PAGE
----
Seminar Series: Overcoming adversities: The experiences of migrant and refugee youth in Australia

16 October 2019, 1.00 PM - 16 October 2019, 2.00 PM

Associate Professor Nigar Khawaja

2D3, Priory Road Complex, BS8 1TU

Australia is one of the most multicultural society in the world. Thirty percent of the population is born overseas and has culturally and linguistically diverse heritage. Forty percent of this diverse population consists of minor from all over the World, who relocate to Australia as migrants or refugees. Despite these variations, all of them join schools and have to adapt to a new country. Schools can play an important role in their development and integration. The presentation highlights some key outcomes of a 5-year long project conducted at the Milpera State High School, a special transition school for newly arrived migrant and refugee students. The project consisted of 2 phases. During the first 3 years (phase 1), quantitative data were collected through a battery of questionnaires. CALD students (N=247) completed these scales with the help of interpreters. Statistical analyses indicated that most of these students had a high level of wellbeing and only a small proportion was severely distressed. Despite differences in pre-migration experiences, the migrants and refugees were not significantly different on a range of post migration psychosocial experiences. English language proficiency and an absence of trauma had a strong relationship with academic achievement. Those who had experienced pre-migration trauma and lacked a sense of school connectedness encountered a higher level of acculturative stress. Social support and school connectedness strengthened the acculturation process. Further, school connectedness, acculturation and resilience, in addition to having a permanent visa, were significantly associated with higher levels of subjective wellbeing. Personal resilience played an important part in the adjustment and integration of the migrant and refugee youth. During the last 2 years (phase 2), a digital story methodology was used to capture the strategies the school was using to promote the students wellbeing, acculturation, integration and academic successes. The findings have implications for how we can enhance the integration of youth from migrant and refugee background.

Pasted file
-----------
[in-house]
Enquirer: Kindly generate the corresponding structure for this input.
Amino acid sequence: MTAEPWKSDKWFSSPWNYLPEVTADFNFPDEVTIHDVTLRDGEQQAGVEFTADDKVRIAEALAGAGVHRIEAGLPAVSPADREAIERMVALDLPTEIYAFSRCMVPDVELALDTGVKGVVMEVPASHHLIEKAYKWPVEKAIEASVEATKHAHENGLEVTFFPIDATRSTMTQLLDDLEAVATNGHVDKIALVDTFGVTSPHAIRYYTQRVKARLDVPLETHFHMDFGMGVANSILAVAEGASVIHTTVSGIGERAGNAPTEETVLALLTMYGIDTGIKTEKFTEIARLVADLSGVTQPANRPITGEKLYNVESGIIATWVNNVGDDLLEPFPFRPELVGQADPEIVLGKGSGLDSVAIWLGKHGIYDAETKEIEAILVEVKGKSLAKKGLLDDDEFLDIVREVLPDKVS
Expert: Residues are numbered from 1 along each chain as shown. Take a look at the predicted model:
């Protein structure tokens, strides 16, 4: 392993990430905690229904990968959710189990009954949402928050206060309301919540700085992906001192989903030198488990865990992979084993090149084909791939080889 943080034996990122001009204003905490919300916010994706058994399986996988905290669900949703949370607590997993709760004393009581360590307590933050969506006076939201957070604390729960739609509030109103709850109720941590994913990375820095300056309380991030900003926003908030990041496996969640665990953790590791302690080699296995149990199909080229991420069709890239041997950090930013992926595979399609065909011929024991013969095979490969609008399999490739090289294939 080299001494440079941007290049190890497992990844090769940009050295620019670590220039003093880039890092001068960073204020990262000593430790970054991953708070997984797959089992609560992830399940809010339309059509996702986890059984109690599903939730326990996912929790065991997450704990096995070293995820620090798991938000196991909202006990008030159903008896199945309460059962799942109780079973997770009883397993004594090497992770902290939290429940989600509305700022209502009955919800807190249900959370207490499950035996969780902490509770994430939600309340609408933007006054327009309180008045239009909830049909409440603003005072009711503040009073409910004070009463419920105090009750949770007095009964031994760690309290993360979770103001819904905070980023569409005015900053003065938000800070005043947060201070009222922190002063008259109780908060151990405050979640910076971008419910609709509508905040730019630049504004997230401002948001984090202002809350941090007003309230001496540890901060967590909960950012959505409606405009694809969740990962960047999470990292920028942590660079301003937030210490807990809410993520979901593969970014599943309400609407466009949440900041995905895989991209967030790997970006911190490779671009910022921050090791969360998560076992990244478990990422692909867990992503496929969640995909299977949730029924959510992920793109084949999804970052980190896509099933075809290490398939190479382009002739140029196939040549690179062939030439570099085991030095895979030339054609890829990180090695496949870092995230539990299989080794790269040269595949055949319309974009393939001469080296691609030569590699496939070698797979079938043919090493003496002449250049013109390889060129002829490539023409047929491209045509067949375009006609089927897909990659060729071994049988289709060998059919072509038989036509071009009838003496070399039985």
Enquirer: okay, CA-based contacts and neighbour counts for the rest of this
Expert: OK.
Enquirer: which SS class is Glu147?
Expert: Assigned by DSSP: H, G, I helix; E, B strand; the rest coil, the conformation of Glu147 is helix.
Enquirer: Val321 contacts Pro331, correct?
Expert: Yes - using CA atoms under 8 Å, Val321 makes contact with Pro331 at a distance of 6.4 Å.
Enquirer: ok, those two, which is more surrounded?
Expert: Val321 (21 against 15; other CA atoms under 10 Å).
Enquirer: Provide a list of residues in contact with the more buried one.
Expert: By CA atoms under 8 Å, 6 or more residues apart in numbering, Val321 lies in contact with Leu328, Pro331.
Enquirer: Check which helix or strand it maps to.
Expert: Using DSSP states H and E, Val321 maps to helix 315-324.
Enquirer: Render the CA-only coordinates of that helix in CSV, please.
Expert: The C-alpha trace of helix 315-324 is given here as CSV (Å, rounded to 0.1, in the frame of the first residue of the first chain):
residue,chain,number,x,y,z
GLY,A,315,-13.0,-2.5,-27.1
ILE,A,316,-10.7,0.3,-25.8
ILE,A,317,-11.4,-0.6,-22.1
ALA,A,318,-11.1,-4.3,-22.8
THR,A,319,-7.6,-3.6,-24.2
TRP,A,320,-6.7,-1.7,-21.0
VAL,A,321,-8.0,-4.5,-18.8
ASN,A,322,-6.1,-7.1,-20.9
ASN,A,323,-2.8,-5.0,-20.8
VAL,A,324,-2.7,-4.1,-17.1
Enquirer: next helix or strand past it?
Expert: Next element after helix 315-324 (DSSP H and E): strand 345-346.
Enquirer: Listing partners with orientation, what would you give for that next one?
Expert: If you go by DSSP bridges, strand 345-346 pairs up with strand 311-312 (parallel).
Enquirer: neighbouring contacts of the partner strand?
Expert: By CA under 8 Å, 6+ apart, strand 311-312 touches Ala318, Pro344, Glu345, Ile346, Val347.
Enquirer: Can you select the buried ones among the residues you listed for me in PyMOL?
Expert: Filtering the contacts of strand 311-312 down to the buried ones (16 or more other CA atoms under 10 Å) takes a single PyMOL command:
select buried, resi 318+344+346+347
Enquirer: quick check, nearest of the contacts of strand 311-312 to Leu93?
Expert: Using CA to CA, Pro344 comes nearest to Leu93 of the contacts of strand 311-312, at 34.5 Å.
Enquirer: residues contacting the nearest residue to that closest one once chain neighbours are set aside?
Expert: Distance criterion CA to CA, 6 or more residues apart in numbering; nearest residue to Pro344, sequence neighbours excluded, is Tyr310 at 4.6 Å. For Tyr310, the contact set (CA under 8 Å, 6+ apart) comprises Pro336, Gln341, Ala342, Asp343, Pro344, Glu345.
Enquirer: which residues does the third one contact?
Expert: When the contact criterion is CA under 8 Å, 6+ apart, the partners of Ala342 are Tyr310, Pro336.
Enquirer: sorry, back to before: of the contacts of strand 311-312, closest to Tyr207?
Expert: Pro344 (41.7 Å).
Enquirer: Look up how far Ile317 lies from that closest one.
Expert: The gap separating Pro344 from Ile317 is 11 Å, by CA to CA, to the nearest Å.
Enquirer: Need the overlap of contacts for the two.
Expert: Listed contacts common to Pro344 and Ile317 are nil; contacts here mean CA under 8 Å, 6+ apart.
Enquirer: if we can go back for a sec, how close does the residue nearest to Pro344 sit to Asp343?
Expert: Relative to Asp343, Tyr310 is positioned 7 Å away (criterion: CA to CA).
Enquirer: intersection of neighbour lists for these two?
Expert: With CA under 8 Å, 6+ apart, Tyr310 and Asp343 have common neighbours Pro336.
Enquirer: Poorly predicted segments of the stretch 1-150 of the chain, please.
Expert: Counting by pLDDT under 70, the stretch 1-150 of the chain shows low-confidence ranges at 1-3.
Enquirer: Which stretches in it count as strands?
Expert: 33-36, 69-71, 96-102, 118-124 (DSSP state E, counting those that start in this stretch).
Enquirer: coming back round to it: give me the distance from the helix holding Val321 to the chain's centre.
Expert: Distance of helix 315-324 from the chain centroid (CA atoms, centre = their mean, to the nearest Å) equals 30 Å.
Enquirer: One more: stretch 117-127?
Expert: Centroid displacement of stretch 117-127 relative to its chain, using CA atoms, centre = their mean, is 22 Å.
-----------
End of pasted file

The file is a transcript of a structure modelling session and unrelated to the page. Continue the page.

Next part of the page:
Contact information

All are welcome to attend this event. Tea, coffee and cakes will be available after the seminar.

Associate Professor Nigar Khawaja Queensland University of Technology (QUT

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